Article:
First he defended marriage, then he defended baptism … and was made to die a bit like St. Peter.
We might often think of the millions who perished under the Nazis, but it is difficult to think of them as individuals unless some story grabs our attention, such as The Diary of Anne Frank, The Devil’s Arithmetic, or some biography of St. Maximilian Kolbe or St. Teresa Benedicta of the Cross (Edith Stein).
One of the individuals who died in the camps was a simple, humble priest who simply loved his God, his Faith, and his fellow man. His name was Father Otto Neururer.
Otto Neururer was born in Tyrol, Austria, on March 25, 1881. He was the 12th and youngest child of a peasant farmer, Alois Neururer, and his wife, Hildegard. When Otto was 8, his dad died. His mom, a devout Catholic, began suffering bouts of depression. Otto was a bit frail and also timid and, like his mom, also began experiencing bouts of depression. Nevertheless he had a brilliant mind and recognized his vocation to the priesthood. He followed his calling and was able to enter the seminary when he was 21 years old.
He was ordained to the priesthood in 1907 and celebrated his first Mass in his hometown. He wanted to join the Jesuits and do missionary work, but his frail health prevented that. He served as a parish priest and teacher, and was finally assigned as pastor to St. Peter and Paul Parish in Innsbruck.
In 1938, while he was still pastor, a young woman came to him for advice. She wanted his opinion on whether or not she should marry a divorced man. Father Neururer knew of this man, that he was a philanderer and a con artist. He advised the woman against marrying him. She told her “fiancé” that she could not marry him and why. This man, though, was good friends with the Nazi party leader in the area and reported Father Otto to him. On December 15, 1938, Father Otto was arrested and charged with “slander to the detriment of German marriage.”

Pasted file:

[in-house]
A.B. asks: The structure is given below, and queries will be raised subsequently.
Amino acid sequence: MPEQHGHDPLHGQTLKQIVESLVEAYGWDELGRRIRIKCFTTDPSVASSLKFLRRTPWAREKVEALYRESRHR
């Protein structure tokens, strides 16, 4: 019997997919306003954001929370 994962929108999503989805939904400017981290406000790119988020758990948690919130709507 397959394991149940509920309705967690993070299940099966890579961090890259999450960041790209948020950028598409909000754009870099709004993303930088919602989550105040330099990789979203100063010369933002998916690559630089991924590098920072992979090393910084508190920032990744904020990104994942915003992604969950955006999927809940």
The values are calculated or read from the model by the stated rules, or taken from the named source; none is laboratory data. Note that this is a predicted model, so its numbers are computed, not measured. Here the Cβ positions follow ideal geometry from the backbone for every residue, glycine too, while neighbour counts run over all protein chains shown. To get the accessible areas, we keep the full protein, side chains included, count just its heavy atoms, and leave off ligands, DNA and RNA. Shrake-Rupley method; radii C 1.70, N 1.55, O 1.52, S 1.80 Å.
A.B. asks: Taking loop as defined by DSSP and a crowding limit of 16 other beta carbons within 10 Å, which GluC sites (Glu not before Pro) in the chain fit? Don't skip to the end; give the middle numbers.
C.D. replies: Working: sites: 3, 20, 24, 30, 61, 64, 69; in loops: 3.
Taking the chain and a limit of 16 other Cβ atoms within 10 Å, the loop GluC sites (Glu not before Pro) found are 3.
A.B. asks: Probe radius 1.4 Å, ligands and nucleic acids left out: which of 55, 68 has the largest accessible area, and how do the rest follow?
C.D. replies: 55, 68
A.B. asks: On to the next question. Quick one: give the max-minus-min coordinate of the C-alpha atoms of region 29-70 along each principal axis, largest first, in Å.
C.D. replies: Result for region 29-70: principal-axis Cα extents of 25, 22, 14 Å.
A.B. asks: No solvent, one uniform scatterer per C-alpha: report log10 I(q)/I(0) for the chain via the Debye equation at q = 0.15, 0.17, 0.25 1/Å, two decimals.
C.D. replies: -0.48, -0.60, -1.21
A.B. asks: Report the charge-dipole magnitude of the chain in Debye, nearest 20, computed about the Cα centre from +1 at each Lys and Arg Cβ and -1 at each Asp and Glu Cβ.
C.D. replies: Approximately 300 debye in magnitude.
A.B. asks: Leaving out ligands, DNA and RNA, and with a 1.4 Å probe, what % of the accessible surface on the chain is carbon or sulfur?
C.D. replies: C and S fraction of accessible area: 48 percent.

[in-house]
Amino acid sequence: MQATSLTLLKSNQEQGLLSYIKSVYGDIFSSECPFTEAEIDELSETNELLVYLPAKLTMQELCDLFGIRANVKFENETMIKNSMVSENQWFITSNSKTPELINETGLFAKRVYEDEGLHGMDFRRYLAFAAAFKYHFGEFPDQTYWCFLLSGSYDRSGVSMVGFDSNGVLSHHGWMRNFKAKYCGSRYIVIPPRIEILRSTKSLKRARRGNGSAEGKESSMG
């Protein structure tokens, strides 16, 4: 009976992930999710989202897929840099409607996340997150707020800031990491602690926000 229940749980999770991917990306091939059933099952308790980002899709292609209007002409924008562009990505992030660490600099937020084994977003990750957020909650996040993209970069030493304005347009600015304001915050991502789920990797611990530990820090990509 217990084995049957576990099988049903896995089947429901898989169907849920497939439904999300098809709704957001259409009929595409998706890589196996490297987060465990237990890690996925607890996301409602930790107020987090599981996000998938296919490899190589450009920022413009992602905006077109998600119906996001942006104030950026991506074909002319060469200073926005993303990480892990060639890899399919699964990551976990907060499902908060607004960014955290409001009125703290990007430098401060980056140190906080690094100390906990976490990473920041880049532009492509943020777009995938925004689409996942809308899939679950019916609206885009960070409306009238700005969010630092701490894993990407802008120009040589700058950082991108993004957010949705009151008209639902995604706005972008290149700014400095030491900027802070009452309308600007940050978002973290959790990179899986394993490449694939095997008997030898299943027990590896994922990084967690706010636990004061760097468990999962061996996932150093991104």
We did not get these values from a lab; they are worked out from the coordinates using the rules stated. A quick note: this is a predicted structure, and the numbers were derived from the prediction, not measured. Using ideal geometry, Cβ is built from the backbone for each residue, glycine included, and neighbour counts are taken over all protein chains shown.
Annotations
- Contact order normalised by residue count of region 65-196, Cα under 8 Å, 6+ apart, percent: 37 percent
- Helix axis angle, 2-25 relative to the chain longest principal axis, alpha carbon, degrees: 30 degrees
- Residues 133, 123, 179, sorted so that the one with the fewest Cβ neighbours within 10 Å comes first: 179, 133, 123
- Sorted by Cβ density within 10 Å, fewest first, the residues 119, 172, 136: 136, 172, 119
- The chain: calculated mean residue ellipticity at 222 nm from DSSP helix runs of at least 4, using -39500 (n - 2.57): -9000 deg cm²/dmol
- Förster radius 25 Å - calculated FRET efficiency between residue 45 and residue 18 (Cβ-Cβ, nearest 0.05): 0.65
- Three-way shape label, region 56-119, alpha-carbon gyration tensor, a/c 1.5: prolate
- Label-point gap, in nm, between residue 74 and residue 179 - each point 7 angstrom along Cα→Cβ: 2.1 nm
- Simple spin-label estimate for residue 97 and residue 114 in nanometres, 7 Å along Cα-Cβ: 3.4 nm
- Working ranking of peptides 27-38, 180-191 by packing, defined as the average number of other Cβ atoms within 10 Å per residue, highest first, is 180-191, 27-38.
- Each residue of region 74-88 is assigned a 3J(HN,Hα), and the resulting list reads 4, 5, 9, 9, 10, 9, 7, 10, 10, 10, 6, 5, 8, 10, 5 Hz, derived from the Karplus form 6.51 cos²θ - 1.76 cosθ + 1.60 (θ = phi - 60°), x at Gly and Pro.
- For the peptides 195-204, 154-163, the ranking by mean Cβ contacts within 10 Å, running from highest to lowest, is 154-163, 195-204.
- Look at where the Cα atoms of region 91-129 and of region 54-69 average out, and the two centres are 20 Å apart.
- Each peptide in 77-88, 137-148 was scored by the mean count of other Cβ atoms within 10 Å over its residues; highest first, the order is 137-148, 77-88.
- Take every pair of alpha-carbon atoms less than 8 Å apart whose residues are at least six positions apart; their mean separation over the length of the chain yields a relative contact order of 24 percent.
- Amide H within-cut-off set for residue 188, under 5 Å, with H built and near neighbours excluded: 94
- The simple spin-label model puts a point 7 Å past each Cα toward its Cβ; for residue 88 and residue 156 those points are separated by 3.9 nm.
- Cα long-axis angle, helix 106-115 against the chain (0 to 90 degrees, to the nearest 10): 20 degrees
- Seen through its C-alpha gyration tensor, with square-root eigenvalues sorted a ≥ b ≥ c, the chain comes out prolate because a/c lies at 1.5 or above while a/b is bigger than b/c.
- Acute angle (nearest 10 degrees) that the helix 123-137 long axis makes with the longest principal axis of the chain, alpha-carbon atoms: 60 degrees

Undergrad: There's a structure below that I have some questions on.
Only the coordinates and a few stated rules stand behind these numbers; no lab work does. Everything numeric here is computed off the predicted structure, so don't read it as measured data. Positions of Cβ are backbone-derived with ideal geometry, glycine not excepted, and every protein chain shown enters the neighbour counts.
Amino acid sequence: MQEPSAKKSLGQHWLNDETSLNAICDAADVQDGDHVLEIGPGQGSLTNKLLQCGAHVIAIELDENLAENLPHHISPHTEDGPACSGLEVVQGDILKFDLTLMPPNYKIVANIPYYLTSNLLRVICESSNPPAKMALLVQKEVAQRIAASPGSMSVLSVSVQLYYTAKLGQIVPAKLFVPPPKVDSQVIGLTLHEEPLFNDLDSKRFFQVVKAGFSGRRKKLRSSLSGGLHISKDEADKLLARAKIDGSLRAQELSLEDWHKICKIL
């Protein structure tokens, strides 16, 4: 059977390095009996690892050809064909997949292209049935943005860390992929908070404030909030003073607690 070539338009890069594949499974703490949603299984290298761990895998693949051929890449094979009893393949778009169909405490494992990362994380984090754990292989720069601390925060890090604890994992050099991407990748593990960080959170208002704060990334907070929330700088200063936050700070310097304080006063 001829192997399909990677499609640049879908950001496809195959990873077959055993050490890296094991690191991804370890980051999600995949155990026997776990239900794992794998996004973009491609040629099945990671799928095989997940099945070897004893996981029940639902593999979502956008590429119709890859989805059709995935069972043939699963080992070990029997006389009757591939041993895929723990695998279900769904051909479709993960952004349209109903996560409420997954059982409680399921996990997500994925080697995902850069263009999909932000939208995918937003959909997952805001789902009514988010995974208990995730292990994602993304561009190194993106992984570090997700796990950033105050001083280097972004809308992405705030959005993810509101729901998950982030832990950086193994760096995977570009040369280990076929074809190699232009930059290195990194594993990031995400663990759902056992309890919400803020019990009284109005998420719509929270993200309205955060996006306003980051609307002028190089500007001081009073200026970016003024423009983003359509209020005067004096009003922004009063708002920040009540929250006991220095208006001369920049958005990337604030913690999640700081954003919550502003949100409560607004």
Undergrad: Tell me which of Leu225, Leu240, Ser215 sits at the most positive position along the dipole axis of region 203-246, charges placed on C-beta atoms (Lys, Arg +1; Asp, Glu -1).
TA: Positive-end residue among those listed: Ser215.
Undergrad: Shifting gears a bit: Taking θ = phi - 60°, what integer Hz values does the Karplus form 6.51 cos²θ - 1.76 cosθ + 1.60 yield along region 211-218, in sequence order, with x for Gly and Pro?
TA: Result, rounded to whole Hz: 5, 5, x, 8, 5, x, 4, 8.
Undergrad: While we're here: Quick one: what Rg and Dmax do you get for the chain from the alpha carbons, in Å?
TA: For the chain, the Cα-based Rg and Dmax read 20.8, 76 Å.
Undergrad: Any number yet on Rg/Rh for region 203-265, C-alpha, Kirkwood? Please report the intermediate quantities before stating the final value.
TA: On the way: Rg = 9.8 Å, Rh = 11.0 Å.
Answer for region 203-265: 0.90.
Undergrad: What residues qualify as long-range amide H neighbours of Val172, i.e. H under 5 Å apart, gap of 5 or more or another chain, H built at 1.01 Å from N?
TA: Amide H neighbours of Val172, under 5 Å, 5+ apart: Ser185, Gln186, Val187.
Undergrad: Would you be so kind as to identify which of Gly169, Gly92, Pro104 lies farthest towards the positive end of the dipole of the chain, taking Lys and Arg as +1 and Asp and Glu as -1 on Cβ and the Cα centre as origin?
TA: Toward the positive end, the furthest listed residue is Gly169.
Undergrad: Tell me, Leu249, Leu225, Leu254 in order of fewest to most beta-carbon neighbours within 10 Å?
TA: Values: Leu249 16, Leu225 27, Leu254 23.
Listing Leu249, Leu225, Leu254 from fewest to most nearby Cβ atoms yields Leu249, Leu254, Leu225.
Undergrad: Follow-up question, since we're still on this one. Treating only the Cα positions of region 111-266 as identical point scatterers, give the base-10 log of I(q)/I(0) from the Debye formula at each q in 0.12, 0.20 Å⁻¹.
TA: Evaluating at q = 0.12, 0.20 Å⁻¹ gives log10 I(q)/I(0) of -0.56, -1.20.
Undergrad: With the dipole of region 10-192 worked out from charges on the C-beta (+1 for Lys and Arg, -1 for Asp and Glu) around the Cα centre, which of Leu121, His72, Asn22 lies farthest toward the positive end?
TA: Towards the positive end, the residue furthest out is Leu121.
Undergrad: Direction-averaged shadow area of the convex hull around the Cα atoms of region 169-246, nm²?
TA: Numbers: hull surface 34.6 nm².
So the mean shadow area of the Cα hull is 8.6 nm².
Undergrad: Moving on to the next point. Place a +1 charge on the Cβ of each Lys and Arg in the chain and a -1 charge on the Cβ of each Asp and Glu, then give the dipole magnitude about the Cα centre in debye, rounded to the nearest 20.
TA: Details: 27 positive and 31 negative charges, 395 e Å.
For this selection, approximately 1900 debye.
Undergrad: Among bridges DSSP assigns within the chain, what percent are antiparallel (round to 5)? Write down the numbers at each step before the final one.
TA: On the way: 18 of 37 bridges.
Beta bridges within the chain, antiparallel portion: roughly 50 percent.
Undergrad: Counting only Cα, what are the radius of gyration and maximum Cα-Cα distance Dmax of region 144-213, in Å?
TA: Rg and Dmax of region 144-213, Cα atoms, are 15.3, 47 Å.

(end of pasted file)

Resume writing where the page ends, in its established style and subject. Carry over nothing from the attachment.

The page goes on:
On March 3, 1939, Father Otto was sent to Dachau, the first concentration camp established by the Nazis, to a section known as the “priests’ barracks.” Here he was routinely tortured, but this would not be his last stop. On September 26, 1939, he was sent to Buchenwald, which was under the command of Martin Sommer, aka “the Hangman of Buchenwald.” This would be Father’s last stop.
A prisoner came to Father Otto and asked for baptism. The priest could not decline and performed the sacrament as requested. Father Otto suspected that it might be a set-up, but he couldn’t refuse administering baptism, in case it wasn’t. Indeed, though, it was a set-up, and Sommer decided to make an example of the priest. He ordered him taken to the “punishment block” and hanged upside down.
The chaplain who witnessed Father Otto’s torturous death reported that he never complained. The priest lived for 34 hours, and even toward the end, he could be heard mumbling his prayers. He died on May 30, 1940. He was 58 years old. He was the first of more than 2,600 Catholic priests killed under the Nazis.
Father Otto Neururer died “in odium fidei” and was beatified at St. Peter’s Basilica on November 24, 1996, by Pope St. John Paul II.
Blessed Otto Neururer, please pray for us all.